Tag Archives: Gardening

Happiness – one week and five things that helped #1

The human mind always makes progress, but it is progress in spirals.
Madame De Stael (1766-1817), a woman of letters, at the heart of European romanticism and a leading opponent of Napoleon.

This year has been very tough, I’m not ready to go into details at the moment, but I’m beyond fortunate to have my family and friends around the world, supporting us all – but most of all My Chap whose been my rock since the day we met.  Im SO excited to be marrying him later this year.

My health hasn’t been great, including much increased arthritis pain too, contributing to bad sleeping and chronic exhaustion; but I’m working on all sorts of strategies to help me.  I am grateful to everyone who supports me, the NHS staff, colleagues, friends and family – I’d be in a pickle without them.

Amongst these tough times, there has been times of happiness, things and people that have made me happy. As part of my mindfulness practise, I’ve been noting them down, more systematically, in my diary.

I’d been thinking for a while that I’d like to start writing a regular post about what I’ve  been grateful for and/or what’s make me happy.  I was inspired by:

They’re great ladies – one I’ve known for years in real life too (first in Manchester and now she lives in Worcester) and the other lives round the corner from me – though we’ve not yet met face to face. That’s the Internet for you – hopefully we’ll meet up soon.  They write thought-provoking blogs, touching on wide ranging topics including feminism, life with a chronic pain condition, running, the outdoors, food, cooking, life in Manchester and the West Midlands – many adventures and plenty of gin 🙂

Please have a read of their blogs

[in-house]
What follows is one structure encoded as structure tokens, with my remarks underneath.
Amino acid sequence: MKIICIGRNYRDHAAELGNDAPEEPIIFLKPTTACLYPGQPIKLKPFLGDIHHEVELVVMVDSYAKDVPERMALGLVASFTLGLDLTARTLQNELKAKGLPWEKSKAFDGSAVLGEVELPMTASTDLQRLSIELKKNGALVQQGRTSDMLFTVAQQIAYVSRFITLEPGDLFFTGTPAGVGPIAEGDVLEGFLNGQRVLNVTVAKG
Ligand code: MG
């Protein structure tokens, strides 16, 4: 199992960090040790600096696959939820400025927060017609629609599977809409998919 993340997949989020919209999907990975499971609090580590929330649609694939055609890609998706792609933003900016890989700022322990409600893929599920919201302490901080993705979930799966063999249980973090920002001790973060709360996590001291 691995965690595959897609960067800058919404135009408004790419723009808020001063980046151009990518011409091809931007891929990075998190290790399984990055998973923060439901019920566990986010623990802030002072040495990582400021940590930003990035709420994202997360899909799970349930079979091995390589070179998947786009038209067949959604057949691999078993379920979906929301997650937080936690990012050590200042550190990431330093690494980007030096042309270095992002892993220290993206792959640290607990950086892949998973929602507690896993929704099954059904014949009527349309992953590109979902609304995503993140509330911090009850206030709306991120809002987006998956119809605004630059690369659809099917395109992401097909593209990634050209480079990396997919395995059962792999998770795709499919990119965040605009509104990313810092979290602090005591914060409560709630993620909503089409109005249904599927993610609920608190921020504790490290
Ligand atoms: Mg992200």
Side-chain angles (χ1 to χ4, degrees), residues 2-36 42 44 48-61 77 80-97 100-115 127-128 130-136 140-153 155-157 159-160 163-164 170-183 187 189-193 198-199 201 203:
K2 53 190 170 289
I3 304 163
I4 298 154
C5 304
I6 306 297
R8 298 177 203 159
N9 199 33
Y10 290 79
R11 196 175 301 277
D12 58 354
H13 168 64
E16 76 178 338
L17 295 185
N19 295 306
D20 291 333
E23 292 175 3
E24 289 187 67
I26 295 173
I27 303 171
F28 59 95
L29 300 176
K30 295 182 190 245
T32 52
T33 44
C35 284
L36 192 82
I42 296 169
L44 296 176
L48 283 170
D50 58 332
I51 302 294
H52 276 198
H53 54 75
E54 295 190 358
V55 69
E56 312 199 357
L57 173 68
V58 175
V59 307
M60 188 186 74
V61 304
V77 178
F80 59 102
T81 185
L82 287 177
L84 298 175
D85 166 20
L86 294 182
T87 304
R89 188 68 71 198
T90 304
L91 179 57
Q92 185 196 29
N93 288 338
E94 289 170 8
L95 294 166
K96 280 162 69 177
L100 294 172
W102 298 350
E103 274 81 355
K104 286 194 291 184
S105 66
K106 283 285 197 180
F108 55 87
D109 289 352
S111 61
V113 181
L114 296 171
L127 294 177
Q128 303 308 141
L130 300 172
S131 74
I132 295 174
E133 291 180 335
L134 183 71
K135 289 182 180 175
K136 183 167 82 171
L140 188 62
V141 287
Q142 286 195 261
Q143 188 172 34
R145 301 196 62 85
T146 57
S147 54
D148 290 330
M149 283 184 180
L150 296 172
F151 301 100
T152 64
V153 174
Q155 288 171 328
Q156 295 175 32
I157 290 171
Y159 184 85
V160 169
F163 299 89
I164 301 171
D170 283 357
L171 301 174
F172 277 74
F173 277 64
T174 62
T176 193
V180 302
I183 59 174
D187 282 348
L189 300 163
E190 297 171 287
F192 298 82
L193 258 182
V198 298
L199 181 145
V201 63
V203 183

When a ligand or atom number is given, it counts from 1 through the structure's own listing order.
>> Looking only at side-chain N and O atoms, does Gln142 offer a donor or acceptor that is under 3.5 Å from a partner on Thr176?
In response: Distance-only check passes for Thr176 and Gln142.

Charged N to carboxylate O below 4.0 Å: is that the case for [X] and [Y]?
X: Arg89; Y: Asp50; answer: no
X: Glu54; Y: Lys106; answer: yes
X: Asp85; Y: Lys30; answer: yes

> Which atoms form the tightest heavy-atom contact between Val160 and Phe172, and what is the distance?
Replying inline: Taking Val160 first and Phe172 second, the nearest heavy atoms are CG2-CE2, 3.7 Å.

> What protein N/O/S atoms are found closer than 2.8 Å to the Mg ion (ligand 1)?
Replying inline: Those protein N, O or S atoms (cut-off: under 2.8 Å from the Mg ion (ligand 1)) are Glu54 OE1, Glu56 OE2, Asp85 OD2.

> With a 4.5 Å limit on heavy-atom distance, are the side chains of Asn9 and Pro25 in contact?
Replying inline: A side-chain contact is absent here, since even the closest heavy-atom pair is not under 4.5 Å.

1. Journals – gratitude, health notes and ‘to do’ lists

7 May 2017 – stigu journal, calm journal and ‘to do today and tomorrow’

I love my Stigu Planner*** (http://sticktostigu.com/);  it’s a combination of a diary, note book and to do lists. They describe it as a rest and zest handbook – there are themes for each month, weekly practise activities – some of them are really funny cartoons. I had a stigu journal last year too – it’s not too ‘full on’, supporting my wellbeing, without being all about ‘rules’.

The Calm Book – calm the mind, change the world*** is great for suggestions on Nature, Sleep, Travel, Work, Creativity, Relationships, Food  (www.calm.com), with affirmations and visualisations (there’s an app too).  The daily questions are:

  • What made you feel calm Today?
  • What are you grateful For?
  • What were three highlights of today?

It’s so beautiful with wonderful illustrations and pictures; I can’t write in the book – I tend to write in my stigu journal instead.

For well over a year, I’ve been making a note of my arthritis and pain symptoms, as participant in Cloudy with a Chance of Pain, (www.cloudywithachanceofpain.com); it’s a citizen science project run by the University of Manchester investigating if there’s a connection between weather conditions and chronic pain.  For me, warm, dry weather definitely helps my arthritis pain; I’ve been tracking it with an app as part of the project.  I’m looking forward to reading the wider results.